Auction BidThe goal for an auction is to raise money, plain and simple. However, at many auctions, the catalog of items for bid may number far less than the number of attendees at the event. Hosting a Raise the Paddle Special Appeal will encourage every attendee to give a little extra at the event.

A Special Appeal is an opportunity during the auction for the auctioneer to take a moment to bring the focus of the evening back on the charity. A quick reflection on the reason for the evening will inspire and motivate attendees to dig deep in their pockets and make a difference for the charity.

Here are some reasons to host a Special Appeal in your auction:

  • It’s a great way to involve every attendee at your event and turn them into donors
  • It helps provide funding for a new project, such as a low-cost spay/ neuter clinic, repairing a building or adding a new school playground.
  • Encourages event attendees to Sponsor various levels of your operation, from $50 for a shelter cat’s spay surgery to $500 for new band instruments in schools (adjust values for your local prices)
  • Encourage extra giving to meet a matching challenge grant or donation
  • Create a 100% tax deductible opportunity for giving during this special event!

The best time to host the Special Appeal is before you are half way through your auction, before your attendees start to lose interest and head back to the buffet tables. Using the Bell Curve strategy, you’ll still be ramping up to the premiere items on your roster. Place the Special Appeal just after a highly successful item that brought in several high dollar bids with great excitement. You want your audience to think high dollar amounts when pledging their support to your charity.

If you place the Special Appeal after the highest dollar items, people may not be as generous with the high dollar gifts because they’ve already won a high ticket item and are factoring that into the equation. But, by placing the Special Appeal before those highest ticket items, the donors will still feel drawn to bid competitively on those items, even after pledging a high amount in the Special Appeal.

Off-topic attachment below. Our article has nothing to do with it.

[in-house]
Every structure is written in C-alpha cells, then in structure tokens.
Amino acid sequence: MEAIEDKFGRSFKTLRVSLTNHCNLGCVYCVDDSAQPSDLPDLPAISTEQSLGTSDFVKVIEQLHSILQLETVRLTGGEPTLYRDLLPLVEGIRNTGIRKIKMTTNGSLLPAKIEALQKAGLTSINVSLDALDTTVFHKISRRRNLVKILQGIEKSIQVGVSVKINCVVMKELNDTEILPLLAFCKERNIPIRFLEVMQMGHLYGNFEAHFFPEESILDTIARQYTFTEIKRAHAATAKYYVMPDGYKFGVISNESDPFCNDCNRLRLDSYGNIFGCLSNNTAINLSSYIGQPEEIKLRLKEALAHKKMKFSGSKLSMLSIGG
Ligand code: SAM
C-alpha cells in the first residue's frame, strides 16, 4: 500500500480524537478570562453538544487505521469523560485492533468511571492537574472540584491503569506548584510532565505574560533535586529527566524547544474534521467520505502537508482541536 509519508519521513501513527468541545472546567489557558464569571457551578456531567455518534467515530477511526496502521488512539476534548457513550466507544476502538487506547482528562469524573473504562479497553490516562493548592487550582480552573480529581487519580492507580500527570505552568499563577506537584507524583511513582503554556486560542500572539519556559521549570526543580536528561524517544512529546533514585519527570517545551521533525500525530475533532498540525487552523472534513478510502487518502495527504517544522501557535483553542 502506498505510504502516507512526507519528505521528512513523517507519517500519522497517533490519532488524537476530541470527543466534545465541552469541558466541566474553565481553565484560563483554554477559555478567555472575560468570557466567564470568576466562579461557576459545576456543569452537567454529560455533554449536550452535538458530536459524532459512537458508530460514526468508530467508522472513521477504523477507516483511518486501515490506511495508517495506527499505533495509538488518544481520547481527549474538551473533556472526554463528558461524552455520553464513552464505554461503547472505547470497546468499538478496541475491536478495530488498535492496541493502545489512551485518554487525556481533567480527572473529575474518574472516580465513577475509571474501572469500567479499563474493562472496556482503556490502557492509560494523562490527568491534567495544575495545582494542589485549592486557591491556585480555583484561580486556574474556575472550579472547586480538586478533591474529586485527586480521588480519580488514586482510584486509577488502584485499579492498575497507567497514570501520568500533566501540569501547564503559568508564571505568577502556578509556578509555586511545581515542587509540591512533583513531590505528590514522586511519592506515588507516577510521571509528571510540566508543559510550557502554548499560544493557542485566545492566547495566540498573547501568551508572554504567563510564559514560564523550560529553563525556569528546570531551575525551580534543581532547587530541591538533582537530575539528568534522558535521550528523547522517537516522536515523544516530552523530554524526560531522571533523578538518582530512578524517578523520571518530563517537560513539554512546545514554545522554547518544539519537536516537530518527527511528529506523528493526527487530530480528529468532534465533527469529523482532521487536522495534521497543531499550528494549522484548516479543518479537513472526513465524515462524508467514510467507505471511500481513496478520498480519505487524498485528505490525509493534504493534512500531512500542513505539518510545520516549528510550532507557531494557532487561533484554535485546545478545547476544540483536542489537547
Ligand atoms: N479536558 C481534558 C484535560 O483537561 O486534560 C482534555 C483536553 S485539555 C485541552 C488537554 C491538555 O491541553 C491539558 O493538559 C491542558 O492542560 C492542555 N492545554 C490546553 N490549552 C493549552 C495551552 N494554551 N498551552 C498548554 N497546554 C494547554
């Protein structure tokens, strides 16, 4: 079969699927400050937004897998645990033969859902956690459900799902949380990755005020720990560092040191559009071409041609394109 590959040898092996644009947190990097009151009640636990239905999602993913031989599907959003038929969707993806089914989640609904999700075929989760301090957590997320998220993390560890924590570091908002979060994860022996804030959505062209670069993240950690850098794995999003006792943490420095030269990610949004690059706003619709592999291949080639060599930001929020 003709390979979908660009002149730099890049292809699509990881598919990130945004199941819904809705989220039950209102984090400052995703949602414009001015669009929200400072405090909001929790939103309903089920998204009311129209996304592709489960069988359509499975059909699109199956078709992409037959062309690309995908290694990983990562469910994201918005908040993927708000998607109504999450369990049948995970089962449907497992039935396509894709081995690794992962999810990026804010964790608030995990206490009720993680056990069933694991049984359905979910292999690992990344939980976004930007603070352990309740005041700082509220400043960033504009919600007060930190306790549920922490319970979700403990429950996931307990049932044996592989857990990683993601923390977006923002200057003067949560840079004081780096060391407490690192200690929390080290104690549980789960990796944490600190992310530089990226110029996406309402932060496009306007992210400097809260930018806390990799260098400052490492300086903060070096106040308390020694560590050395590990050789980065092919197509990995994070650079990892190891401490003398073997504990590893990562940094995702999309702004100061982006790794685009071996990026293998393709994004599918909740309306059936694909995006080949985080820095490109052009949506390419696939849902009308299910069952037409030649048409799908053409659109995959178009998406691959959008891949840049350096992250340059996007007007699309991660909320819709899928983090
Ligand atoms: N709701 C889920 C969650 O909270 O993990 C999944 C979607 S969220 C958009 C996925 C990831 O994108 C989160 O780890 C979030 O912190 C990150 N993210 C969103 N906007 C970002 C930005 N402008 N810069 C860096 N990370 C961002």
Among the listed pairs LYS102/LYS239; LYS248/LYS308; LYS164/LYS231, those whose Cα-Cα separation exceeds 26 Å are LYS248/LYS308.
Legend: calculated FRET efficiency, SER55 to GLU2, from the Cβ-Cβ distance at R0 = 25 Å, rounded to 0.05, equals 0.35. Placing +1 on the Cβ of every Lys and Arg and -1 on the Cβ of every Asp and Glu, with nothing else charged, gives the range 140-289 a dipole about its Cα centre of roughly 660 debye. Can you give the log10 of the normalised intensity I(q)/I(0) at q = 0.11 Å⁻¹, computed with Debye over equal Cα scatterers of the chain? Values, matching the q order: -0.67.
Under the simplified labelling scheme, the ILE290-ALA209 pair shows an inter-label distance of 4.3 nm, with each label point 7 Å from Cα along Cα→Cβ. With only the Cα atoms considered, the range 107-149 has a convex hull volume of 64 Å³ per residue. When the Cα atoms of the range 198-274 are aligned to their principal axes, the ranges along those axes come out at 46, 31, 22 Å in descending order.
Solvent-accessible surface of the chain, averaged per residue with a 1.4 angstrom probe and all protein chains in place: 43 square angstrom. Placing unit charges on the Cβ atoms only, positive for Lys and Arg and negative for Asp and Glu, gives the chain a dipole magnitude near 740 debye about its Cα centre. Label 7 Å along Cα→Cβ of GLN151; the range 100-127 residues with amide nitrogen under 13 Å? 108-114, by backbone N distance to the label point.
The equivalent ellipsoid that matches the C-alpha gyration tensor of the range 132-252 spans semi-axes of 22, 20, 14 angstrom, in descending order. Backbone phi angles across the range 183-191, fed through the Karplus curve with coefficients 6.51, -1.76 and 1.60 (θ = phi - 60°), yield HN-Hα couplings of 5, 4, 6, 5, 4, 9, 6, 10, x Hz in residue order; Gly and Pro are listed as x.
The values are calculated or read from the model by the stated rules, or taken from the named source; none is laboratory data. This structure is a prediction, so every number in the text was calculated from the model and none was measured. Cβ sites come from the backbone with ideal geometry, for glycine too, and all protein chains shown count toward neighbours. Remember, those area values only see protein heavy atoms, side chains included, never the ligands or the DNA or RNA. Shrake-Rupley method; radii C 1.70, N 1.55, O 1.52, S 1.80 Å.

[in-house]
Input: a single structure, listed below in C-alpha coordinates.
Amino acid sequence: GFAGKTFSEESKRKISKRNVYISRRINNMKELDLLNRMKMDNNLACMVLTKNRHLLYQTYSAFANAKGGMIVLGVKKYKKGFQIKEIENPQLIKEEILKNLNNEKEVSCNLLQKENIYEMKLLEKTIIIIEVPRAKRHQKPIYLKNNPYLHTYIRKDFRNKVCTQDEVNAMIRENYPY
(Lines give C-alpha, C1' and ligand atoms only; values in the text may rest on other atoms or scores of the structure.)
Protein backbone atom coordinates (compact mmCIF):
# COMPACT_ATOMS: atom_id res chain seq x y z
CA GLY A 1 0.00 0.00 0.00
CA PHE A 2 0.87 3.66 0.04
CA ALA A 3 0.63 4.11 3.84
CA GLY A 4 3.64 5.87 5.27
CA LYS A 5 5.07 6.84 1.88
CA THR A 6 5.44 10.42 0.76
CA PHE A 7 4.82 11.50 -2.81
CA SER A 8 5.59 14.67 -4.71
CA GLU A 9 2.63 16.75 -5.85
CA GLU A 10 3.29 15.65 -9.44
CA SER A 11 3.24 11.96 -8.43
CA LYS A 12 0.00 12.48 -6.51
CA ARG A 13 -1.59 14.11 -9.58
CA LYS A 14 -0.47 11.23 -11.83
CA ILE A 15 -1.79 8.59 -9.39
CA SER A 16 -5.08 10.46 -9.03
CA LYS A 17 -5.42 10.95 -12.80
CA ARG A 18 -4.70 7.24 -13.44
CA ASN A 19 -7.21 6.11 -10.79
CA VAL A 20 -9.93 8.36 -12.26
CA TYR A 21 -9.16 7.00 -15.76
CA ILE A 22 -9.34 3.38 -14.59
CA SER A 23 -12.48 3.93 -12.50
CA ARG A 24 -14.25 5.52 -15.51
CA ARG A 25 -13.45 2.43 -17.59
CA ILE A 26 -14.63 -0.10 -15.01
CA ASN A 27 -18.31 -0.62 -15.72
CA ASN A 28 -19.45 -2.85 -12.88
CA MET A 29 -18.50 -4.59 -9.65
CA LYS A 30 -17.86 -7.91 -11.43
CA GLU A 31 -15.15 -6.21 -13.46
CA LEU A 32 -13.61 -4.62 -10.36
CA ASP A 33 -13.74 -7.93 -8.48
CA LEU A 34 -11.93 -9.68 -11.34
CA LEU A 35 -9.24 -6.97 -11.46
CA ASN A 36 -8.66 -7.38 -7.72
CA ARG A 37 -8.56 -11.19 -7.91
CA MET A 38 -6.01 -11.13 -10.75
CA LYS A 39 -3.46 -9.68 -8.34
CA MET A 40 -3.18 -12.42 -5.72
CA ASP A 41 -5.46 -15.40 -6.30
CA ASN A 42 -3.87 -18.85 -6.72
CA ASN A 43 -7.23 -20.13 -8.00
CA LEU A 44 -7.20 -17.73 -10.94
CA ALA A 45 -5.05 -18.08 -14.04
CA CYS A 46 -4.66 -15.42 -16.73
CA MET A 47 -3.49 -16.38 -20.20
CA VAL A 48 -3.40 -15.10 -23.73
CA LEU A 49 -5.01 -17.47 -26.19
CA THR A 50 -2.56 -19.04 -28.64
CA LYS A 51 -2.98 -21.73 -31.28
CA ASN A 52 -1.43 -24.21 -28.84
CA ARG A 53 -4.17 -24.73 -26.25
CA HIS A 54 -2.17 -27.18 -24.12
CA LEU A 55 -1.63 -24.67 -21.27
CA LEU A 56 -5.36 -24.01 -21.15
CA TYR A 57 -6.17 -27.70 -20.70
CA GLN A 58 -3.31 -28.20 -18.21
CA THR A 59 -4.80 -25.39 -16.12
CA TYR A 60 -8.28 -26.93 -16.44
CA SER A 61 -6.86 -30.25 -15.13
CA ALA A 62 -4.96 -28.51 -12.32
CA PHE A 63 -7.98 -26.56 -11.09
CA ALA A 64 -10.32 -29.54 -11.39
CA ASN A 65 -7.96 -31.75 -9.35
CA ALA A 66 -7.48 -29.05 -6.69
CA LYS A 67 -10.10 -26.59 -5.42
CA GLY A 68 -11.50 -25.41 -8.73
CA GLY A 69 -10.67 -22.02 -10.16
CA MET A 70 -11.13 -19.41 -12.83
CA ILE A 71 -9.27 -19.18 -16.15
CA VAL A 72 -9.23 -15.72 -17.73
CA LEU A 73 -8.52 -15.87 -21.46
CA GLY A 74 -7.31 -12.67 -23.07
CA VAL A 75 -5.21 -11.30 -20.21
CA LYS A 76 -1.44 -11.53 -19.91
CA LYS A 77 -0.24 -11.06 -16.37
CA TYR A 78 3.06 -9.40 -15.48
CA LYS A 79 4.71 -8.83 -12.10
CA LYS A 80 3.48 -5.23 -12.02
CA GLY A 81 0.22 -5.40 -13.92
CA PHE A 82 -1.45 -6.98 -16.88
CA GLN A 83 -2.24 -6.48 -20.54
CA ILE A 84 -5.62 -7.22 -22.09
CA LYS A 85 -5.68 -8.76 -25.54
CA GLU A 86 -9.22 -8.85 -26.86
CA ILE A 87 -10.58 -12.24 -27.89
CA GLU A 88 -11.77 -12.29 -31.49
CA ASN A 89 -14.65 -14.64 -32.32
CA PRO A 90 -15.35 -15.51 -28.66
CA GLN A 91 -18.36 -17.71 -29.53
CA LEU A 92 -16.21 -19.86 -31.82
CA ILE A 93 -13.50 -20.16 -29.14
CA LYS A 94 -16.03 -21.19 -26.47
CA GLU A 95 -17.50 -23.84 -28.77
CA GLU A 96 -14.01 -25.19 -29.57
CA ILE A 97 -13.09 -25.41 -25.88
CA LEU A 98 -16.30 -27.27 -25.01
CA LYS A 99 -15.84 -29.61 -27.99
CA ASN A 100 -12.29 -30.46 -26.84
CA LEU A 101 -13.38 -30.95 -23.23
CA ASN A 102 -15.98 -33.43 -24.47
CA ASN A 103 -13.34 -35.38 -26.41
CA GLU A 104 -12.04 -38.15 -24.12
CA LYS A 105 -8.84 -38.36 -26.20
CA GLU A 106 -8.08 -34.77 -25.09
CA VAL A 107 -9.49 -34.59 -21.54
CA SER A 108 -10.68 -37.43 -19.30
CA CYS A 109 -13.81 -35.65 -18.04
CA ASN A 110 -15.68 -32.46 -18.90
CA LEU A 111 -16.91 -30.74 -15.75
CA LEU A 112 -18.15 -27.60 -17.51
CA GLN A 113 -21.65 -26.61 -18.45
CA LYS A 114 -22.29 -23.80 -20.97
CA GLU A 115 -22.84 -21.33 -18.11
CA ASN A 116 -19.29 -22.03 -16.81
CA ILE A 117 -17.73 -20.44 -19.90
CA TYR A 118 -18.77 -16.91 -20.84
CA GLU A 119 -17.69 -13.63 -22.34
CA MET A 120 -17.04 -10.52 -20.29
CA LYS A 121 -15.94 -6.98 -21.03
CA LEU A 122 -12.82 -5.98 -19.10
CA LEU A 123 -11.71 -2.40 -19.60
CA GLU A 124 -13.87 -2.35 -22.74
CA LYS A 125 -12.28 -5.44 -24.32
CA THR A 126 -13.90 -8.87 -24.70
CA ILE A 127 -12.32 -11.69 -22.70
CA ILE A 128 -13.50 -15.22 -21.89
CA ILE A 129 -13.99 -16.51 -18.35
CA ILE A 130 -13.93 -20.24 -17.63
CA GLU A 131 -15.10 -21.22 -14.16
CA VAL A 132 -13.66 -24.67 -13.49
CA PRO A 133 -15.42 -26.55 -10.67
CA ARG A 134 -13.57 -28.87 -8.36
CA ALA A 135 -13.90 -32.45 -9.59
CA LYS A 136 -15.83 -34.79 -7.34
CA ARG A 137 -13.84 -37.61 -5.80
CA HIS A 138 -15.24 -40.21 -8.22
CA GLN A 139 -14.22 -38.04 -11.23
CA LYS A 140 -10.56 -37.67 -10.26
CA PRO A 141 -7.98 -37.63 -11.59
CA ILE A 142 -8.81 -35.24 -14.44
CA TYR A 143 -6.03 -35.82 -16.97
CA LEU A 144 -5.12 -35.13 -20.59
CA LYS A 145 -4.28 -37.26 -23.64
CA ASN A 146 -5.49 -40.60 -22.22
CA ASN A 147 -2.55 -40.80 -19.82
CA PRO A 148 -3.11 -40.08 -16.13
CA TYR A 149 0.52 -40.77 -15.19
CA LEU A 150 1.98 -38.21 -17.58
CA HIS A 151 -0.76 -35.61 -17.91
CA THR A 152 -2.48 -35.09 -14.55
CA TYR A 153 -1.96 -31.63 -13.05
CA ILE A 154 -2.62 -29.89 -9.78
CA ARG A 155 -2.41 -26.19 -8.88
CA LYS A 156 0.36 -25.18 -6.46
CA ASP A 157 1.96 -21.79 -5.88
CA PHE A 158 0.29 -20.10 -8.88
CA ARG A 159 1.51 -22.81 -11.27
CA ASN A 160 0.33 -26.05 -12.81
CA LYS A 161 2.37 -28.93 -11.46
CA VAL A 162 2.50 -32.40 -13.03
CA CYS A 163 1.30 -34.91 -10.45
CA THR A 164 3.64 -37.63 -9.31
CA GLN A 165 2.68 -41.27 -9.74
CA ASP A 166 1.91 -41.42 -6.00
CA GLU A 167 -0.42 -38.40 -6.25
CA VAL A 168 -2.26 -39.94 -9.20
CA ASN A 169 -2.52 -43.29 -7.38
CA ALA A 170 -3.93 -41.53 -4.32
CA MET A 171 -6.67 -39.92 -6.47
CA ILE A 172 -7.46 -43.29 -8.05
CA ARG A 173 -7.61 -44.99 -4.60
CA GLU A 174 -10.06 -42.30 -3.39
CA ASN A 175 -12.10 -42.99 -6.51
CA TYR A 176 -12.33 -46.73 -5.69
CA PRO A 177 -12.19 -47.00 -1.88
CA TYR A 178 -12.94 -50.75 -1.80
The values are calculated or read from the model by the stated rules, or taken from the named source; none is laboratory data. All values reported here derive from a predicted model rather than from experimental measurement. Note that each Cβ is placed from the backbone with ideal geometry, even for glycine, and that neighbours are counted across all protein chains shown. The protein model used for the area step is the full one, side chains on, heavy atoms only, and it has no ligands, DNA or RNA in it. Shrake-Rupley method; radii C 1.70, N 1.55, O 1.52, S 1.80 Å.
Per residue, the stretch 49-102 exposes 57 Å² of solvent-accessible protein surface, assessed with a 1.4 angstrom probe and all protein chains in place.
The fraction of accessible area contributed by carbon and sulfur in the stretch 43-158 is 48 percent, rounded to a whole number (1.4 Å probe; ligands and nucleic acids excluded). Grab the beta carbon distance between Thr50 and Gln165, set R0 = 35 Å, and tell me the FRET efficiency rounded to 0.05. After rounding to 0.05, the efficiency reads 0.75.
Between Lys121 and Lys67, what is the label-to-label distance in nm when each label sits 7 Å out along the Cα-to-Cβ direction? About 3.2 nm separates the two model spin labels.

Your auctioneer (or a great public speaker from your group) will announce that there are plenty of wonderful items available for bid in just a few moments, but right now, we’re going to pause for a moment to reflect on the charity’s mission. It will take a minute to settle the crowd, and then the auctioneer/ speaker will spend 2 to 4 minutes highlighting some of the achievements for the group.

The purpose is to show success, tug at heartstrings, create excitement for these achievements, and inspire participation to fund the appeal! People want to support and be part of a winning team. This energetic and emotional Special Appeal process will also draw people into bidding who have not yet raised their paddles.

This is the time to switch gears from people bidding against each other, to encourage them to bid together for the greater good. Start with the highest bid you believe you can get from the crowd. Do not sell yourself short on this. Your goal is to get several paddles excitedly in the air to fund this great appeal. Then, work your way down at set increments so that everyone in the room is able to pledge a donation at the level where they feel most comfortable. Your regular auction workers will be noting the bids and including them in the regular check-out process, denoting that for the Special Appeal, no goods or services were exchanged and that portion is 100% tax deductible as allowed by law. If you are aiming for several high dollar pledges in the Special Appeal, you should spend some time prior to the auction targeting your donors who could pledge a high amount to lay the groundwork for the appeal.

Remember that even at an auction, the key to receiving gifts is by asking. Too many times, groups believe people will simply open their wallets without being prompted. By using the Special Appeal in your next auction, your charity can bring in the highest amounts ever, simply by asking at the appropriate time. Keep your auction lively, energetic and fun, and the bidders will see to it that your profits will reflect their enthusiasm for the group and for the auction.

About the Author: Danielle Hamilton is the editor of and moderator of a Yahoo group dedicated to helping animal rescue groups raise money for animals.

Posted on 14 September 2007

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